Install Box Spring and Mattress Covers
Mattresses are the objects most prone to bed bug infestations. These crawlers dwell in your bed and lay thousands of eggs that can hatch within a week. Sounds pretty scary, right? It’s all the more reason to install mattress covers. They’ll lock the bugs along with their nymph and eggs and kill them over time. For mattresses you’ve treated already, they’ll prevent migration from other areas of the house.
Install Bed Bug Traps
You can install these traps under your furniture and bedposts. The traps not only keep you from being bitten at night, but they help in finding the bed bugs’ hideout. This is important knowledge when using bleach, so you know exactly where bed bugs are likely to come in contact with the toxins. Installing the traps and mattress covers together will stop the bugs from reaching you while you’re sound asleep.
You need to use diluted and activated bleach for this to work. Before buying any product, look for the ingredients we’ve talked about earlier in this post. You have to make sure these chemicals come in direct contact with the bed bugs for the method to work.
Here’s a detailed guide on using bleach to get rid of bed bugs:
- Before you start using bleach, clear the infested area from all clutter. Remove everything including boxes, paintings, books, carpet, decoration items, plants, etc. Inspect these items and make sure there aren’t any bugs or eggs present. If the items are inessential, pack and throw them away.
- Clear your wardrobe, drawers, nightstands, and cupboards. Throw away all unnecessary items. Separate the washable items from the pile. Vacuum the non-washable objects and pack them in plastic bags. Tightly seal the bags so bugs cannot crawl out. They’ll suffocate and die.
- Make a solution of detergent, color-safe bleach, and hot water to properly wash your clothes, bags, sheets, and covers. When you’re done, use the highest temperature setting of your dryer to kill any remaining signs of bed bugs. The combination of heat and bleach is a potent killer of bed bugs and their eggs.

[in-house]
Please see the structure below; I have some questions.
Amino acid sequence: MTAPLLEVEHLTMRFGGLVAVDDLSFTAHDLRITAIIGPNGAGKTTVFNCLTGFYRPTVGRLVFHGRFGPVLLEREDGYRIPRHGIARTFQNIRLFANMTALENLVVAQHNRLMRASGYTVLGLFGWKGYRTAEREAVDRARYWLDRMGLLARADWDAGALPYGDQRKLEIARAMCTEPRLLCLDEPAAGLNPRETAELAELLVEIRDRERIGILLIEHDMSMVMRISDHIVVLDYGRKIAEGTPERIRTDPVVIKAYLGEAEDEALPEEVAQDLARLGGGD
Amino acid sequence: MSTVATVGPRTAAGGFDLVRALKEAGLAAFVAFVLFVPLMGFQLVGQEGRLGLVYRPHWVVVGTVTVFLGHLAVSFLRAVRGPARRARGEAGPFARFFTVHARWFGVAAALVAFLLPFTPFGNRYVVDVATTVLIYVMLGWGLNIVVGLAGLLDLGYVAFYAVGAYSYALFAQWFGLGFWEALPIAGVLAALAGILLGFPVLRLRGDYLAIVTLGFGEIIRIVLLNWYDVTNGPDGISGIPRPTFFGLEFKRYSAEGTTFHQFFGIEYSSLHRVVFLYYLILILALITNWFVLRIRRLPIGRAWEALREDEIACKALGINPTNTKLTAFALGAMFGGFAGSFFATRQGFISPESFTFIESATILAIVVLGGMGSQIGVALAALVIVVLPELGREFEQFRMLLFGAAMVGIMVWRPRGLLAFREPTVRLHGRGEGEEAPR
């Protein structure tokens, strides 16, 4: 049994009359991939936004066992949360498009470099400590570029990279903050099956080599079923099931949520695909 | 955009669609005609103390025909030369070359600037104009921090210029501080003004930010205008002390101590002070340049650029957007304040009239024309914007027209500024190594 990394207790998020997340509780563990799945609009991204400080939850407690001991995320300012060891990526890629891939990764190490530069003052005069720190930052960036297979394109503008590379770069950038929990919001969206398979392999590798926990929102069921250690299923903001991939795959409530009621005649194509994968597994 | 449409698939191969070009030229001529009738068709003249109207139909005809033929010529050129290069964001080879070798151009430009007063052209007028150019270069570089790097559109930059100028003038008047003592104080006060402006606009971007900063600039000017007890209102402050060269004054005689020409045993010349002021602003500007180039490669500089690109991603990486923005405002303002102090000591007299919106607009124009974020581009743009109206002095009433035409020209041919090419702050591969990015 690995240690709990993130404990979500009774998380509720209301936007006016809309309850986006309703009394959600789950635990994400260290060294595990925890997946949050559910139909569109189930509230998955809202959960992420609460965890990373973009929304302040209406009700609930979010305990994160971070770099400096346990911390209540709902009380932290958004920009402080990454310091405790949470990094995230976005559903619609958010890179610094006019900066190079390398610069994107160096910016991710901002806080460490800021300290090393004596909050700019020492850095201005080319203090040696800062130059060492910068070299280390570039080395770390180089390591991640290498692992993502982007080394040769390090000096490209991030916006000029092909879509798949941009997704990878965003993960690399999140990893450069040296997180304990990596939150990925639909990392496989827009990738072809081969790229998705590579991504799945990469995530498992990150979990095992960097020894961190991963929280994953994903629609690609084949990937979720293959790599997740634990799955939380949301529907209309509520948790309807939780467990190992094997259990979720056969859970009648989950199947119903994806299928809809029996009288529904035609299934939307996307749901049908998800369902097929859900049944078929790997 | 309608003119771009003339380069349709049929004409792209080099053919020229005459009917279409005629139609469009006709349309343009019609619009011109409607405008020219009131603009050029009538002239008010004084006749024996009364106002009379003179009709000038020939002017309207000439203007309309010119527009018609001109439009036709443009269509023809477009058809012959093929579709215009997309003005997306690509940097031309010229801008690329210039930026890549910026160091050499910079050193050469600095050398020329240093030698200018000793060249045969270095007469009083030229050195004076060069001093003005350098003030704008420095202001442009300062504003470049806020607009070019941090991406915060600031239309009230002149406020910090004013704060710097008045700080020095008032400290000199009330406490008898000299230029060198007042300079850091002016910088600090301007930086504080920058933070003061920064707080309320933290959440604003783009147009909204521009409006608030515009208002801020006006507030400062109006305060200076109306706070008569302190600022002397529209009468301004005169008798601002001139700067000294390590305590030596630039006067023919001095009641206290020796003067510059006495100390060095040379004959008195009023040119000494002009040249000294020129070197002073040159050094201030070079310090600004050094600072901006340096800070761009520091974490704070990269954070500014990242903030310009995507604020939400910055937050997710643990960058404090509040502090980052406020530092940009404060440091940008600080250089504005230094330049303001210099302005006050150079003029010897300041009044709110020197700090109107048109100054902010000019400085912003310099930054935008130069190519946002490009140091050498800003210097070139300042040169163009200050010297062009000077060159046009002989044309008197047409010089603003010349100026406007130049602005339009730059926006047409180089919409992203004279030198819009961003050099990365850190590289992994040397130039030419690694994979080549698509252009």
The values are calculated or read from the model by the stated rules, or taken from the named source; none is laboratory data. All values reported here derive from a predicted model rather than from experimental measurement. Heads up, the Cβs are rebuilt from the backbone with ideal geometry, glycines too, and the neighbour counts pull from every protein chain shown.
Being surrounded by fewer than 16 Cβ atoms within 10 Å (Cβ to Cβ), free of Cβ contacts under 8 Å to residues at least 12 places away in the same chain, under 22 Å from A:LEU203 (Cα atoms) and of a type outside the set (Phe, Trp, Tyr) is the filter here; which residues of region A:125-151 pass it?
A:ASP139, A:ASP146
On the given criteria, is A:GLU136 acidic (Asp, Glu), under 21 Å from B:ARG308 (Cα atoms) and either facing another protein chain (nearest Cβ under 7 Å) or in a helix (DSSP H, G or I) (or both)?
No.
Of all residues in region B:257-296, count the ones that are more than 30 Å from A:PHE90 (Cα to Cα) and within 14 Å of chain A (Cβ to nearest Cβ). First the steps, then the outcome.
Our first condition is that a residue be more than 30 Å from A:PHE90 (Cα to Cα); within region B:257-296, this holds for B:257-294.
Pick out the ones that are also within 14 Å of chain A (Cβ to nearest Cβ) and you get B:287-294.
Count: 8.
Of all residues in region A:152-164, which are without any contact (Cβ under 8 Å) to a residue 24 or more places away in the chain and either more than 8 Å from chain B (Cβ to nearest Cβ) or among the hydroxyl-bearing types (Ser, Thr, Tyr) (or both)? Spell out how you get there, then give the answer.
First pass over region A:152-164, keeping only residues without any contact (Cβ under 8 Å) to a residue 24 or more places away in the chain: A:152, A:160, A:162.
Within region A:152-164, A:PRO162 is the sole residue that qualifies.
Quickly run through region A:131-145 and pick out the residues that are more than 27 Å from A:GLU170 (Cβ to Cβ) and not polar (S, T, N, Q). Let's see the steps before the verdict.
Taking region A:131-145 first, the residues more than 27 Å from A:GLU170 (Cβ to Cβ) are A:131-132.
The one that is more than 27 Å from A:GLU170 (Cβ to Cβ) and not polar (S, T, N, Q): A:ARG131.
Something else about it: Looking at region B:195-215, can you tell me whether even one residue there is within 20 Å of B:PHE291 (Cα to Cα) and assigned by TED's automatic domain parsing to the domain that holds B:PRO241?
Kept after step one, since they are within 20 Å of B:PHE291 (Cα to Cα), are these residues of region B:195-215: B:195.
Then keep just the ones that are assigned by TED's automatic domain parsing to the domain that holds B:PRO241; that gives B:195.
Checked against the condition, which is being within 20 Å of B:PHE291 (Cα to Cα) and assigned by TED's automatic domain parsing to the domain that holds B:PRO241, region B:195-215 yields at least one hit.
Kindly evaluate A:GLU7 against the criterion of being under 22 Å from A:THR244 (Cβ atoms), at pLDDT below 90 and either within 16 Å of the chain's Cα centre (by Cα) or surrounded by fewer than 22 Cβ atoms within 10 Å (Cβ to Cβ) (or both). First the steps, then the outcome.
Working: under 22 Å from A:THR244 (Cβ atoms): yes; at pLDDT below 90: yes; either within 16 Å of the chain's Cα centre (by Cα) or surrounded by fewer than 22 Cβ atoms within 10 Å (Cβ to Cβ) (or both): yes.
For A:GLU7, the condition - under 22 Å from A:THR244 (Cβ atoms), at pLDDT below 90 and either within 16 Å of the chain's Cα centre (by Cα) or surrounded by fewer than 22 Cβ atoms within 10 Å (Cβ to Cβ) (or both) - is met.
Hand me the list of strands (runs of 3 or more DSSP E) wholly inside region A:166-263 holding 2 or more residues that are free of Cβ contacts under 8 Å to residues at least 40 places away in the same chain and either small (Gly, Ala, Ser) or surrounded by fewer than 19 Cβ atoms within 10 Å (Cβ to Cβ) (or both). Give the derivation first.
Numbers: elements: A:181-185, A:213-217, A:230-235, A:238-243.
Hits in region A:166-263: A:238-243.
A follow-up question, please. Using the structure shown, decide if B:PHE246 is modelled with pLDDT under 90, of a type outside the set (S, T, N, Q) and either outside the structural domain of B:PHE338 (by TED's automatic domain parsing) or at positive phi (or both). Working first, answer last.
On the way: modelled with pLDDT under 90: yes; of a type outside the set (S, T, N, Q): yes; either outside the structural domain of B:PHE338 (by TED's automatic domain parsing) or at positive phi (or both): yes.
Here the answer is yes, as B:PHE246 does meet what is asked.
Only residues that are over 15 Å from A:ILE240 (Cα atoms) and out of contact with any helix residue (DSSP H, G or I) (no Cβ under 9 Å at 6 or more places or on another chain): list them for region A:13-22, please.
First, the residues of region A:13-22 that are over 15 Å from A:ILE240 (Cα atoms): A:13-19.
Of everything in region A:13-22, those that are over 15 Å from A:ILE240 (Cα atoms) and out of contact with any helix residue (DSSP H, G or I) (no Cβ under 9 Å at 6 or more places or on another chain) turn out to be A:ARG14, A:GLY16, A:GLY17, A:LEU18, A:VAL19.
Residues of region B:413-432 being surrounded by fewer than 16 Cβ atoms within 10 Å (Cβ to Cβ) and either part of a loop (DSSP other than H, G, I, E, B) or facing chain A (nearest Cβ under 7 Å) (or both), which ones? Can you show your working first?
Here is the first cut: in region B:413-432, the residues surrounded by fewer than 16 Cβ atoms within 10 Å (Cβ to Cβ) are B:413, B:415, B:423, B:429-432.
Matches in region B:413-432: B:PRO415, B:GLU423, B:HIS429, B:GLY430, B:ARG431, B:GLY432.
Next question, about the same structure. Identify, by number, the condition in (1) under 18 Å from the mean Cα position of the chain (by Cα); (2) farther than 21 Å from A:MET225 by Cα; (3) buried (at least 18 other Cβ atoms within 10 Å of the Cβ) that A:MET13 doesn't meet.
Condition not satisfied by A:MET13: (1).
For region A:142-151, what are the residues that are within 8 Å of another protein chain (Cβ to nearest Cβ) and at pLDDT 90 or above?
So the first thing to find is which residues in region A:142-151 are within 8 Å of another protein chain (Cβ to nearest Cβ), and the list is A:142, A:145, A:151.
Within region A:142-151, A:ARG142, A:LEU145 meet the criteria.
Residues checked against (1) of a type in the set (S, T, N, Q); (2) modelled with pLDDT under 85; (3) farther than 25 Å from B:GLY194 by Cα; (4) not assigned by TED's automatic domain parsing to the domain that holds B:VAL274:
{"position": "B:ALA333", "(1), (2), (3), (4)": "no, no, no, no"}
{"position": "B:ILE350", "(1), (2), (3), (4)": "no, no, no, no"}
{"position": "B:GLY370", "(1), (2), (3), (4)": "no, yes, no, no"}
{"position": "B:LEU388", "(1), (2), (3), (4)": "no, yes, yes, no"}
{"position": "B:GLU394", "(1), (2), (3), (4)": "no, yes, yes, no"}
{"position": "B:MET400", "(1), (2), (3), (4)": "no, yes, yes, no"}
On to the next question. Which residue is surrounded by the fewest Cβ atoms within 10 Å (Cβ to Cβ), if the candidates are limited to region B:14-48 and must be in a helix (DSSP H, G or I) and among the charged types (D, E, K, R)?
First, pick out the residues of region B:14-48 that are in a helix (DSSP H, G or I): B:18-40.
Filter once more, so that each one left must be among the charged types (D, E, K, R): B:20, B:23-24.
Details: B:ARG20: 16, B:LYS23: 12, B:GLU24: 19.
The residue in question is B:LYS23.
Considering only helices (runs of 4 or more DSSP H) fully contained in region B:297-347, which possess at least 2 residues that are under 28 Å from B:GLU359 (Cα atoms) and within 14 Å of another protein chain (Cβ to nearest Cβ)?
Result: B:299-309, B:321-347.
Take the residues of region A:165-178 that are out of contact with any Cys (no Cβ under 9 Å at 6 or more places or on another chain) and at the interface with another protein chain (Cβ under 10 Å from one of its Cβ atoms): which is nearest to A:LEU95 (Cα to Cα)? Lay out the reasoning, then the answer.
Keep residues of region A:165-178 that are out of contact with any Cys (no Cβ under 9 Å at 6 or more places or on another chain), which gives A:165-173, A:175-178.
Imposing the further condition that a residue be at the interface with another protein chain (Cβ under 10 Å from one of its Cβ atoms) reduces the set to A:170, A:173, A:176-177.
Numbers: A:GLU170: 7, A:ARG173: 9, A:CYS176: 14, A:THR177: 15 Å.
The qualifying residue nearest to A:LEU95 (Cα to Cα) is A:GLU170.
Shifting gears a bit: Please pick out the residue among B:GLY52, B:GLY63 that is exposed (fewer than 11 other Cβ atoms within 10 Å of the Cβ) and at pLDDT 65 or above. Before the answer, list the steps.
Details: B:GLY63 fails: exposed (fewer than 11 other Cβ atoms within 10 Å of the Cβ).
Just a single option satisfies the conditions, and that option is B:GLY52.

- To achieve the best results, dry the washed items at maximum heat for 40-45 minutes and seal them in fresh plastic bags. Store these away in a different location.
- Take a cup of hot water and mix an equal quantity of household bleach. Soak a fresh towel or washcloth in this solution and use it to wipe counters, shelves, and other surfaces. Wear rubber gloves while doing so.
- You can also make this solution in larger quantities to spray on mattresses and box springs. Vacuum properly & let the mattress absorb sunlight for a couple of days. Don’t use the mattress right away.
- Bed bugs also love to hide in crevices, cracks, door frames and headboards. Spray this bleach solution in such hiding places.
- If bleach isn’t suitable for a particular area, you can always use diatomaceous earth. Fill it in the cracks and holes in furniture, doors, windows, etc. Use masking tape to seal these hiding spots.
- Vacuum the living space twice daily for the first couple of days. Then start vacuuming every day without fail.
- Remember to vacuum furniture, carpets, closet and even the drawers in your room. Let the sunlight in through the window. If you have space on your roof or backyard, lay your carpets, cushions, and pillows under direct sunlight. Vacuum the bed frames and headboard too.
- Once your mattress has soaked sunlight for 4-5 days, vacuum it again and seal inside a plastic cover or bed bug enclosure. Don’t remove this cover for 14-15 months. This ensures the death of bed bugs, either by suffocation or starvation.
The Deadly Combo of Heat & Bleach
Have you already bleached, washed and vacuumed everything but still aren’t confident you’ve gotten rid of these annoying little insects, use heat as a tool to complement the bleach remedy. Even professional exterminators agree that heat is a foolproof way of killing adult bed bugs, nymphs, and eggs.
Bed bugs, like all other insects, are cold-blooded i.e their body temperature drops if the surroundings get cold and vice versa. Once they’re exposed to temperatures exceeding 120°F, the catalyzed reactions taking place in their body become unbearable and they die instantly.